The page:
Demonstrating that Naval Sea Systems Command (NAVSEA) remains open for business despite the global pandemic, Navy leaders and private contractors broke ground Tuesday, May 5 at Naval Base Ventura County (NBVC)’s Point Mugu for what will become the fleet’s only dedicated facility to test, fire and evaluate complete laser weapon systems in a maritime environment.
The nearly 18,500-square-foot Directed Energy Systems Integration Laboratory (DESIL) will open in roughly a year along the Point Mugu Sea Range, enabling Naval Surface Warfare Center, Port Hueneme Division (NSWC PHD) to help accelerate delivery of laser lethality to the warfighter at sea.
“Thank you to our partners who were able to join us today for this momentous occasion,” said Capt. Ray Acevedo, NSWC PHD’s commanding officer, at the small groundbreaking ceremony. “This lab is a great win for the Navy, and it further affirms that even during a crisis, the Navy and NAVSEA have been, and continue to be—open for business, executing our mission!”
Naval Air Warfare Center Weapons Division, Naval Air Systems Command (NAWCWD/NAVAIR) operates the 36,000-square-mile sea range, one of the reasons why NBVC was chosen for DESIL, said Thomas Dowd, NAWCWD range department director, during the ceremony.
“The value of the Point Mugu Sea Range is that you can put a facility of this nature right on the coastline and it can operate in the sea range, and take advantage of that testing capability,” Dowd said. “The decision to build it here is a recognition of the value of the partnership we have between location, geography, maritime environment and engineering talent at the two centers.”
Once operating, the facility recreates as realistically as possible how High Energy Laser (HEL) weapons behave on a Navy ship platform— customers/users will test how HEL beams perform in sea conditions such as moisture, humidity, salt, fog, differing air densities and temperature changes will affect laser performance; how ships’ systems will power and cool the energy-intense weapons; and will test them by shooting at targets on the sea range and in the air over the sea range. Directed Energy team members will support HEL weapons once installed on ships. DESIL will also serve as a laboratory for integrating, testing and evaluating developers’ new DE and HEL weapon prototypes.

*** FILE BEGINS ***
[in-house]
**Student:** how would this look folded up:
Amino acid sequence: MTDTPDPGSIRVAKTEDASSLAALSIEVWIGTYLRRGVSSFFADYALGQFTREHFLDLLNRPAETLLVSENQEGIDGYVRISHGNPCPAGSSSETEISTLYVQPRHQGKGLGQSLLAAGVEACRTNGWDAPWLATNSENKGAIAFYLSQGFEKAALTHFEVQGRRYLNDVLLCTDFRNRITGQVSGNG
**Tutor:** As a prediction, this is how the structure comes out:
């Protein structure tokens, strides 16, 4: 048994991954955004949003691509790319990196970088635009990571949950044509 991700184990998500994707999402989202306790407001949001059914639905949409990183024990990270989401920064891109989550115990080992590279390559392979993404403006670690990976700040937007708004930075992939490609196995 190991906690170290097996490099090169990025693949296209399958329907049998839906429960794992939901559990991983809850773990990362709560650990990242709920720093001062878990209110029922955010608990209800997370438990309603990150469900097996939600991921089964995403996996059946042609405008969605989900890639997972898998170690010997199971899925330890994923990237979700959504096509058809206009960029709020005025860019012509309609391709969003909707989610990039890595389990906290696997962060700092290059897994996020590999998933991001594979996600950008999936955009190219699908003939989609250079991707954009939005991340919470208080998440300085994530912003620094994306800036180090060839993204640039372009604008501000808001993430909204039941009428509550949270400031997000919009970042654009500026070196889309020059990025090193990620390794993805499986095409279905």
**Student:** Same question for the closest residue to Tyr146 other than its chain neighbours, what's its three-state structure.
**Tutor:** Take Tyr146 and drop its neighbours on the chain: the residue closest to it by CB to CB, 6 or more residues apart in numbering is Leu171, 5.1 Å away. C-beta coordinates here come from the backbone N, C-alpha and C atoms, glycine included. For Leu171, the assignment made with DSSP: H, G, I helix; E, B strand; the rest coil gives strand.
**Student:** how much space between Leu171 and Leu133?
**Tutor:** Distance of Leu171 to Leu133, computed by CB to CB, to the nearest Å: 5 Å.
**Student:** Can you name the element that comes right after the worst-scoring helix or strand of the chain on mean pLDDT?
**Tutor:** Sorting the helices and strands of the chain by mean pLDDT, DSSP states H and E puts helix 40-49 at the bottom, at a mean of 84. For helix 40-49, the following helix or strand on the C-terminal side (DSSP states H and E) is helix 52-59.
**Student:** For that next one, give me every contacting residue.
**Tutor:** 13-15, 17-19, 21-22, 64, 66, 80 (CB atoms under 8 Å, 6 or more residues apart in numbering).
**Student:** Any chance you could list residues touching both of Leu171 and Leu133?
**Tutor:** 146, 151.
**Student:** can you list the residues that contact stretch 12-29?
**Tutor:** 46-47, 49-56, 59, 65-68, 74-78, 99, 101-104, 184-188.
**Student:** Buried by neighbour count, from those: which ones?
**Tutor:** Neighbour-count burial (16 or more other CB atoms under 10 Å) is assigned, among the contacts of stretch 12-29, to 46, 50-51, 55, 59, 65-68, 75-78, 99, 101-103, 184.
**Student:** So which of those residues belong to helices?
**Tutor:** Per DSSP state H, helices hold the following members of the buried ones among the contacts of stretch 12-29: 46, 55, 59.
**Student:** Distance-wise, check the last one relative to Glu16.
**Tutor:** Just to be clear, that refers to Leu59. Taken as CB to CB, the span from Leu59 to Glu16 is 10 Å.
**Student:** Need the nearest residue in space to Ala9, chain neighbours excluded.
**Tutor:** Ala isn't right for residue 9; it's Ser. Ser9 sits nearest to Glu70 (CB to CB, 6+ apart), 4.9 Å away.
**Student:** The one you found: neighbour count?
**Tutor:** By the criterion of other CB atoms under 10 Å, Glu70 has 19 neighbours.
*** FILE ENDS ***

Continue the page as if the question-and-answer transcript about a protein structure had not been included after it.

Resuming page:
Also attending the groundbreaking were Jeff Harper, owner and president of Harper Construction Co. Inc., of San Diego, which will build DESIL through a Military Construction contract, and Cmdr. Andrew Olson, DESIL design manager with Naval Facilities Engineering Command.
NAVFAC prepared DESIL’s Request for Proposal based on PHD’s requirements, awarded the design/build contract to Harper and will monitor the construction. The lab’s estimated cost is roughly $23 million.
Navy in-service engineering agents (ISEA) for ship-based combat and laser systems will operate DESIL, enabling the lasers to support the fleet as crucial components of the Navy’s maritime superiority strategy.
“(At DESIL,) the ISEA engineers will recreate issues, and investigate (engineering) issues for deployed DE-installed ships, and use the lab as a test range asset,” said Marcos Gonzalez, project lead for DESIL. “It (DESIL) could (also) bring in industry-developed versions of lasers, and developers could perform firing exercises on the test range. We (also) want to make it open to others in the DE world, such as university researchers, because of its unique location, adjacent to the sea range.”
During the ceremony, NSWC PHD Technical Director Paul Mann discussed DE’s “enormous capability” for all warfighters across all military branches, and that DESIL’s ability to enable weapon systems integration is essential to the Navy’s delivery of that capability.
“Systems integration is going to allow government, military and industry professionals to come to this facility at Point Mugu and do extraordinary things for our United States and its citizens,” Mann said. “The amazing success that’s going to be hatched, inspired and born at this facility is something we haven’t yet totally imagined. When we are at our most lethal, we deter at our best, so this is an investment in the protection of our nation.”
DESIL has also been designed to handle increasingly more powerful lasers.
The lab will include space to collaborate with Department of Defense, private industry and academia DE experts, a conference room, offices and an area for High Velocity Learning to potentially train Sailors.
“The combination of capabilities will be unlike that of any other facility, and will provide customers with a versatile venue for technology maturation and weapon system integration and test,” said Robert Harriman, DESIL systems engineer with PHD. “This is a game-changer for the Navy, and will enable that this new technology is well-supported as it becomes a mainstay on naval combatants.”